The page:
ON THE EDGE

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It all started with a big, yellow van and a small group of young people eager to see what falling off a mountain was like.

“Are we there yet?” I called out. I was excited, not just by the crazy thrill that I was about that I was about to enjoy, but by the entire experience of summer camp.

“It’s just up the hill,” our camp counselor (and driver) Biggles called out, while flipping his long thread of hair. He knew how anxious we were to repel, having been a camper once himself.

A long twenty minutes passed the clock before our prayers were answered. All we could see was dust as the car shifted to an abrupt and long-awaited stop. A bunch of impatient boys popped out of the car and looked up at the goliath of all mountains.

As a dozen gaping mouths stared in disbelief, Biggles set out our harnesses, and told us to stand over them. He then taught us how to adjust them and, with a final soft click, our harnesses were all set and ready to repel.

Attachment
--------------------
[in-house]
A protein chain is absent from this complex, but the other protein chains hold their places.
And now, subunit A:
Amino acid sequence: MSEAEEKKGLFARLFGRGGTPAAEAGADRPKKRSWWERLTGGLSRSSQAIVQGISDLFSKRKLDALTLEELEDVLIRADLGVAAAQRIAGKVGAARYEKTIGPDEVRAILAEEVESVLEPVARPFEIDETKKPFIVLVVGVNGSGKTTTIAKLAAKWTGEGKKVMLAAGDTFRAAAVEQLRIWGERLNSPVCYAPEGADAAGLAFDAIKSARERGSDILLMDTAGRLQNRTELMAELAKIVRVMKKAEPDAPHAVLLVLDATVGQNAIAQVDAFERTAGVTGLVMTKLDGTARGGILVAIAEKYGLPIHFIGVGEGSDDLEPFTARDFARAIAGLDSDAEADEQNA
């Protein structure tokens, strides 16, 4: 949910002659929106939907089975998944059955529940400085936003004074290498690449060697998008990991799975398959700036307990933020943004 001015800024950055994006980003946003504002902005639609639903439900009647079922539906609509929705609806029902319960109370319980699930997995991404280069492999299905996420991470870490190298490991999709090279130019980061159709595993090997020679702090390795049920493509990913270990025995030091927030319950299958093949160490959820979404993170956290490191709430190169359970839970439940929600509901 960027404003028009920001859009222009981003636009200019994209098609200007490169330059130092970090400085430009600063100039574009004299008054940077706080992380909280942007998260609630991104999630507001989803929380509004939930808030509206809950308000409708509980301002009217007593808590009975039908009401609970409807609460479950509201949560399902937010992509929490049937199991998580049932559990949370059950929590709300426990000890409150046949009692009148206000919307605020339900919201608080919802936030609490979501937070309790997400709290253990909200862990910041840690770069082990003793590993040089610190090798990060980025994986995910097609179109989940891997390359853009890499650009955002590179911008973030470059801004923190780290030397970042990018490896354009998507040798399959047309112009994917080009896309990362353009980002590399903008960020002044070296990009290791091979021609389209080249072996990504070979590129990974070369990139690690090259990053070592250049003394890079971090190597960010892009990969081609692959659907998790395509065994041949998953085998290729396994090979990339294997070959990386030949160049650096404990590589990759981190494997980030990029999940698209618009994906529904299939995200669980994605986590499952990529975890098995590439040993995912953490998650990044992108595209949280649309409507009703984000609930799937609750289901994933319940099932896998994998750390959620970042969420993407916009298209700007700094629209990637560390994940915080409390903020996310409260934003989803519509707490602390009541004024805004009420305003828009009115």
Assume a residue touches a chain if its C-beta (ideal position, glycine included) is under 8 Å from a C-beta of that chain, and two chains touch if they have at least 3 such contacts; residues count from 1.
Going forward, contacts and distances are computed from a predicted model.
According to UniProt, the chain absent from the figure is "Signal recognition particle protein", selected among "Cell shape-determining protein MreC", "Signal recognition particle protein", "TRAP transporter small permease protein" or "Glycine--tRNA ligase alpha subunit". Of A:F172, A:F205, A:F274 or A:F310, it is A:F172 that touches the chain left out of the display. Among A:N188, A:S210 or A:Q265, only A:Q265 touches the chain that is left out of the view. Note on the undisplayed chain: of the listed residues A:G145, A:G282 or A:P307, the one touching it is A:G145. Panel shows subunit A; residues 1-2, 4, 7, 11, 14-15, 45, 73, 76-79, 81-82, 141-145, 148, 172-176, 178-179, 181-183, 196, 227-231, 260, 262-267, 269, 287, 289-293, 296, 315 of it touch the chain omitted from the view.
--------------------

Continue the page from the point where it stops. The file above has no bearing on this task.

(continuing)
As quick as a rabbit, I put on a helmet that had obviously seen a lot of use. At this point, my nerves were at an all time high. The feeling I had inside was both churning and hopping for excitement. It was just almost unreal to get the chance to fly down a mountain connected to ropes.

Then came the part that made each of us nearly lose our appetite for repelling: the hike up. Though not even a mile, it was mainly uphill with a steep incline. Rock after rock, we drudged on knowing that, once we got to the top, we would have the time of our lives. I climbed up, wondering how many people must dislike hikes, until a big rock marked the end of our journey. We were there and as soon as everyone realized it, smiles grew upon their faces.

“We’re not dead!” one of the boys exclaimed. All of us chuckled at that remark, and quickly picked groups for each counselor.

I watched intently as all the kids in my group were all hooked up, and tossed down until, one by one, I was the last to get the chance to feel the excitement of climbing down a mountain.

I took a deep breath and stepped off the mountain into the cold, summer camp air…





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